In Pennsylvania, the so-calledSpecial Courtsconsist of four types of courtroom venu – the magisterial district judges, Philadelphia and Pittsburgh municipal courts, and Philadelphia Traffic Court.

These courts hear less serious, non-injury criminal cases, many civil cases and all traffic matters. The special courts also have jurisdiction over matters of bail, and make the determination whether more serious criminal cases, such as murder, should be advanced to the Court of Common Pleas.

The Pennsylvania Unified Judicial System maintains a searchable list of magisterial district judges, links to local rules pertaining to each lower court, and a list of fees and other information pertinent to doing business in these courts.

 

Bankruptcy Court:

Adams, Centre, Cumberland, Dauphin, Franklin, Fulton, Huntingdon, Juniata, Lebanon, Mifflin, Montour, Northumberland, Perry, Snyder, Union, York.

All docket sheets of the Unified Court System: requires log-in and account

Magisterial District Judge

Philadelphia Municipal Court

Court of Common Pleas

Appellate Court

Fifth Judicial Court of Pennsylvania—Allegheny County

Common pleas ,Criminal & Civil  

Bucks County -

--Civil Court

---Criminal Court

--Family & Domestic Court

--Register of Wills & Probate

Carbon County

--Clerk of Court

Chester County

---Court of Common Pleas

--Court of Common Pleas &Criminal

Cumberland County

--Common Pleas    & Criminal Court

Delaware County

--Civil Court

Lehigh County

--Court of Common Pleas

Montgomery County

--Çivil  & Criminal Court

Northhampton County

-Common pleas

--Court Calendar

--Court opinion

Judgments

 Philadelphia County

- 1st Judicial District Civil dockets

--Civil Judgments

--Civil Court, Judgments

Union County

--Civil & criminal Judgments

Westmoreland County

--Common Pleas Civil

Pennsylvania

 --Court of Common Pleas

Northeast Philadelphia Records Facility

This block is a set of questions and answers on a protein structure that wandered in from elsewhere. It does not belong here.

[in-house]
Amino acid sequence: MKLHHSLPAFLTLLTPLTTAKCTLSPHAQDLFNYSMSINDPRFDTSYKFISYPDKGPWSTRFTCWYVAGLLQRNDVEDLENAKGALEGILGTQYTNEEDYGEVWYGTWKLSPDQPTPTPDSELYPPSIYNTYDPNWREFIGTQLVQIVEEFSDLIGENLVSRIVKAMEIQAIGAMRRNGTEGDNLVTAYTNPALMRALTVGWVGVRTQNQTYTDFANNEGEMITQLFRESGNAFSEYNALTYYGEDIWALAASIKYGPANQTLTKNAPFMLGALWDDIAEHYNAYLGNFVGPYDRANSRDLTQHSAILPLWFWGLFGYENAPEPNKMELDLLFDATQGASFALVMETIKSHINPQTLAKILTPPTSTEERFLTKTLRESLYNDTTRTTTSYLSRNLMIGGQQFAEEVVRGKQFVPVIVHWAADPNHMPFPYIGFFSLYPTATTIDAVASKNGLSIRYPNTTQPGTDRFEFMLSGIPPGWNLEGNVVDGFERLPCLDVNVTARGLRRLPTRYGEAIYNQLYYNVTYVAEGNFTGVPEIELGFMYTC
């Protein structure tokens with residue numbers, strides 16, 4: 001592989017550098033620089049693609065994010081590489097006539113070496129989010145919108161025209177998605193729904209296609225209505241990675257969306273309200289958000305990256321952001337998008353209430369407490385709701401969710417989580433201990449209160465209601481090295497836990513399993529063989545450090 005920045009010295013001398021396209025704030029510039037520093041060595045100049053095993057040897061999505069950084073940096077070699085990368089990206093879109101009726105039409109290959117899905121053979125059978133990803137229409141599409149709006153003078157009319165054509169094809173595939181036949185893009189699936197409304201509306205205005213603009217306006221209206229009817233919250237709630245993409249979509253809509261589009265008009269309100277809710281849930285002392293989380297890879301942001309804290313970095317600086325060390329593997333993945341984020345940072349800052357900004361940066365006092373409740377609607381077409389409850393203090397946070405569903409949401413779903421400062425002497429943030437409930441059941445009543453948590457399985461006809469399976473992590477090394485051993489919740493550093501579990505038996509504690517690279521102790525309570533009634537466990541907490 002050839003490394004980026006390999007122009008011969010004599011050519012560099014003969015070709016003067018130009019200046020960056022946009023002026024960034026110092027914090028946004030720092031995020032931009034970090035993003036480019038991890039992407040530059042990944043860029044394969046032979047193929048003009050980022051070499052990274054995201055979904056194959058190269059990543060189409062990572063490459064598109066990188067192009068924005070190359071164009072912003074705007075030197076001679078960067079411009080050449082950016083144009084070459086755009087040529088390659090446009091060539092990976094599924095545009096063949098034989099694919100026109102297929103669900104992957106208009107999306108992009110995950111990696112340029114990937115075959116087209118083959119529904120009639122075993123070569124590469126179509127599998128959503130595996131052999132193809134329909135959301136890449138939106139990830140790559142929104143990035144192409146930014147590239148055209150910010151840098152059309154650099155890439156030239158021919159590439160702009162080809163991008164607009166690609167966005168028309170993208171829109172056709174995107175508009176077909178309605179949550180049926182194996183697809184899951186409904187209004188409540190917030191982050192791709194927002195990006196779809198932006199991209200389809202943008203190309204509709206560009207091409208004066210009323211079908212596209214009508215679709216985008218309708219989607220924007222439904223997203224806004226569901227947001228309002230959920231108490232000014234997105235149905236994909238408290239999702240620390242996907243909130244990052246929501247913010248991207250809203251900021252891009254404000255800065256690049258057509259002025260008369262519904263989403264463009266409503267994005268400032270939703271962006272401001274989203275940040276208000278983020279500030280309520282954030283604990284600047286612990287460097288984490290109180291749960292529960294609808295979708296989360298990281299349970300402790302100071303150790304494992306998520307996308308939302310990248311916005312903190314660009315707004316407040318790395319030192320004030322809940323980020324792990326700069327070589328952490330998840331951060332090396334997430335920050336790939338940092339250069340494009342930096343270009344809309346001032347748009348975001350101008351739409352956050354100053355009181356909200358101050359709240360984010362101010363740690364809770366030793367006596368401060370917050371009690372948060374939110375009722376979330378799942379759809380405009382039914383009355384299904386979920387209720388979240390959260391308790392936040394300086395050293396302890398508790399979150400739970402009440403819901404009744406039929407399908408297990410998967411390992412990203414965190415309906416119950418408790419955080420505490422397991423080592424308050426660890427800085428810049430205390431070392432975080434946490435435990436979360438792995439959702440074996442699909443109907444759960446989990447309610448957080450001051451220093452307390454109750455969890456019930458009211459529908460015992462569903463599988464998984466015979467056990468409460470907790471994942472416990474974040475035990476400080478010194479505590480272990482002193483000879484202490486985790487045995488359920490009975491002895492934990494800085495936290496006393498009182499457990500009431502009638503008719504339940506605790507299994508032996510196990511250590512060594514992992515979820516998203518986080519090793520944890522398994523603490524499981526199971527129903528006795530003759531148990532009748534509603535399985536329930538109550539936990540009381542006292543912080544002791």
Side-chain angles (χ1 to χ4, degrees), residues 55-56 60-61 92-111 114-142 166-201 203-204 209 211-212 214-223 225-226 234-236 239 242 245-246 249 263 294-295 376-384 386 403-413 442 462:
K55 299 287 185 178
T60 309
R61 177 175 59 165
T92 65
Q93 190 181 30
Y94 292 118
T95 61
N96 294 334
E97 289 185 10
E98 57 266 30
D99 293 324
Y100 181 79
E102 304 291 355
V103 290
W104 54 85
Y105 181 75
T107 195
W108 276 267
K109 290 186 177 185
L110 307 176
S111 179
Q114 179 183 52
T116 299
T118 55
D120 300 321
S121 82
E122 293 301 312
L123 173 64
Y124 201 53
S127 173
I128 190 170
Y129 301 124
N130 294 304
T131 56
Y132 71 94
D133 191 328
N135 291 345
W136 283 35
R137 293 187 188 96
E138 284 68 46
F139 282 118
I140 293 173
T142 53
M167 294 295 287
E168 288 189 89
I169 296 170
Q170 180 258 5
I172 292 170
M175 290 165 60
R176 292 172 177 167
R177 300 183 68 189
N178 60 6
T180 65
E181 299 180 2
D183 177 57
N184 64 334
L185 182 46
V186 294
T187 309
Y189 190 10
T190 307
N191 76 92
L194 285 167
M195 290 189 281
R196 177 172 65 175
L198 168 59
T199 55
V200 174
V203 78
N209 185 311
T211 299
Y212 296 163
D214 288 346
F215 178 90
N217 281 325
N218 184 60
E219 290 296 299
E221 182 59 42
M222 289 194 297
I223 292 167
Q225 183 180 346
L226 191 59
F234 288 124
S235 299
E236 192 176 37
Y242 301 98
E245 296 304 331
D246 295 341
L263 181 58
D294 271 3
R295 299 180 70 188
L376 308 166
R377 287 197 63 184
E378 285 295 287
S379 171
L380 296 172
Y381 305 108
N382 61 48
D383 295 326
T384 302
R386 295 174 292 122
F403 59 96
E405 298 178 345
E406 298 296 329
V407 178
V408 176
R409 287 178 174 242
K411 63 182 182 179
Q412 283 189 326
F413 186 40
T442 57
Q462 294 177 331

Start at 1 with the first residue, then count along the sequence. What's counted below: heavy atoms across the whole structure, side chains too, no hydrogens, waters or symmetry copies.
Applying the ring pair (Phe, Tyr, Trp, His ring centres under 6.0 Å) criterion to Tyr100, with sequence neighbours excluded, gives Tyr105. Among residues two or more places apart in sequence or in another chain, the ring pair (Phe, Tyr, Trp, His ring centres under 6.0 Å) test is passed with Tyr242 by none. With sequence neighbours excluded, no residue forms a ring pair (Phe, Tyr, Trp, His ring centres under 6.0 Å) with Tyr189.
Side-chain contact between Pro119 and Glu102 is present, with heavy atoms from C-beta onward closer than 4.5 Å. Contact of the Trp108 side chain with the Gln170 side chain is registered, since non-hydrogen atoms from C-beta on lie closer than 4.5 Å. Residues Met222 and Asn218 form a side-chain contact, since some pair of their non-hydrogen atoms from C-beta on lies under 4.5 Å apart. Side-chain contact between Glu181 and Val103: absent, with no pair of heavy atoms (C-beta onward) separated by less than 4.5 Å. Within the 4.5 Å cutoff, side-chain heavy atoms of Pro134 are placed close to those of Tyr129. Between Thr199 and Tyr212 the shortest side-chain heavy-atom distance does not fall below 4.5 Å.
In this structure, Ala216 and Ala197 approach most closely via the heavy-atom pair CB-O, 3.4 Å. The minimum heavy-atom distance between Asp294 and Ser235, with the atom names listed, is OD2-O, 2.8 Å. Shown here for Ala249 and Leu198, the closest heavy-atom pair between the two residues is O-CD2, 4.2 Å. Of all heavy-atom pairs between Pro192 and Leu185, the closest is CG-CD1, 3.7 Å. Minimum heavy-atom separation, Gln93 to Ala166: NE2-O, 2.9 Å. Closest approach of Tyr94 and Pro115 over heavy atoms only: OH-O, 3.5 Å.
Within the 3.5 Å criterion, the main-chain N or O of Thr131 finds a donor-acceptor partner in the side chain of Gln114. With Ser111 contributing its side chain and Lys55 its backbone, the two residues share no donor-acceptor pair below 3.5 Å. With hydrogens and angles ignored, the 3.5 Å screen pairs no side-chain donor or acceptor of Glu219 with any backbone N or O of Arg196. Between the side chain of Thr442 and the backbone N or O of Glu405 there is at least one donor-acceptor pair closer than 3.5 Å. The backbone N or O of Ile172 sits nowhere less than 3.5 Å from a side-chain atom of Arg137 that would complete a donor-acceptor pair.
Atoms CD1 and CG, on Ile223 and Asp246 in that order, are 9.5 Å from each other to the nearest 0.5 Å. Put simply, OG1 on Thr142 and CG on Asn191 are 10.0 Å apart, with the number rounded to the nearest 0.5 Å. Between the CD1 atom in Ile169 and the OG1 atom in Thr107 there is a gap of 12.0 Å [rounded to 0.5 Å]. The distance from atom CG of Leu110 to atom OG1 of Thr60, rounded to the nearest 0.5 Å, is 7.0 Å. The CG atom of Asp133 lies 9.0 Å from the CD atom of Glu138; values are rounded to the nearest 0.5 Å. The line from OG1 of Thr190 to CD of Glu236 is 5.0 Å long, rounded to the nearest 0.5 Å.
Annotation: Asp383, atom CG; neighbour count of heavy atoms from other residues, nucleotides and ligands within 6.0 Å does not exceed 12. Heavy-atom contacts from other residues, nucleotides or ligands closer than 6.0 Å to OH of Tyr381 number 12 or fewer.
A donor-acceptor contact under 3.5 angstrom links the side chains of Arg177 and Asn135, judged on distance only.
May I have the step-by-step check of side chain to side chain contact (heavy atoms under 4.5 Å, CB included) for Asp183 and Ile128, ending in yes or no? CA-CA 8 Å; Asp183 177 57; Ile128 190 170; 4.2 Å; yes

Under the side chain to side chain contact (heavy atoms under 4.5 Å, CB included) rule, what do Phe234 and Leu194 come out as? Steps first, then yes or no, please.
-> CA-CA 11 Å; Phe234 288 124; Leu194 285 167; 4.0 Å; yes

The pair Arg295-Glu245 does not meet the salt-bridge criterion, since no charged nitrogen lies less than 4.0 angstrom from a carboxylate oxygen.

--  Federal Archives

   

Web Site Addresses for Courts:

PA Supreme Court:

http://www.courts.state.pa.us/Index/Supreme/IndexSupreme.asp

District Court:

Counties:    Adams, Cumberland, Dauphin, Franklin, Fulton, Huntingdon, Juniata, Lebanon, Mifflin, York.

http://www.pamd.uscourts.gov

http://www.pamd.uscourts.gov

http://ujsportal.pacourts.us/main.aspx?id=1     

http://ujsportal.pacourts.us/WebDocketSheets/MDJDocketSelect.aspx

http://ujsportal.pacourts.us/WebDocketSheets/CPDocketSelect.aspx?mode=mc

http://ujsportal.pacourts.us/WebDocketSheets/CPDocketSelect.aspx?mode=cp

http://ujsportal.pacourts.us/WebDocketSheets/PACMSWebDocketSheets.aspx

http://www.alleghenycourts.us/search/default.asp?source=opinions_criminal

http://4.43.65.248/autoform.asp?app=rwr

http://4.43.65.248/autoform.asp?app=cvr

http://4.43.65.248/autoform.asp?app=fcr

http://www.carboncourts.com/pubacc.htm

http://dsf.chesco.org/courts/lib/courts/pdf/misclist.pdf

http://www.ccpa.net/cumberland/cwp/view.asp?a=1369&Q=461527

http://www.co.delaware.pa.us/courts/index.html

http://www.lehighcountycourt.org/

http://www.courts.montcopa.org/courts/cwp/view,a,3,q,36737.asp

http://www.nccpa.org/schedule.html

http://www.northamptoncounty.org/northampton/cwp/view.asp?a=3&Q=620826&NorthamptonNav_GID=1978

http://fjd.phila.gov/

http://www.sedacog.org/union/cwp/view.asp?a=3&q=401236&unionNav=|10256|

http://www.co.westmoreland.pa.us/westmoreland/cwp/view.asp?a=1450&Q=576810&westmorelandNav=|33738|

http://ujsportal.pacourts.us/WebDocketSheets/CPDocketSelect.aspx

http://www.archives.gov/midatlantic/fed_agency_services/fed_agency_services.html

 

Federal Court Records

Federal On-line Access to Court Records: Findlaw, eAccess, & Supreme Court

Public Access to Electronic Court Records (PACER) Pacer Web links for Pennsylvania Courts' Northern, Southern, Eastern & Southern Districts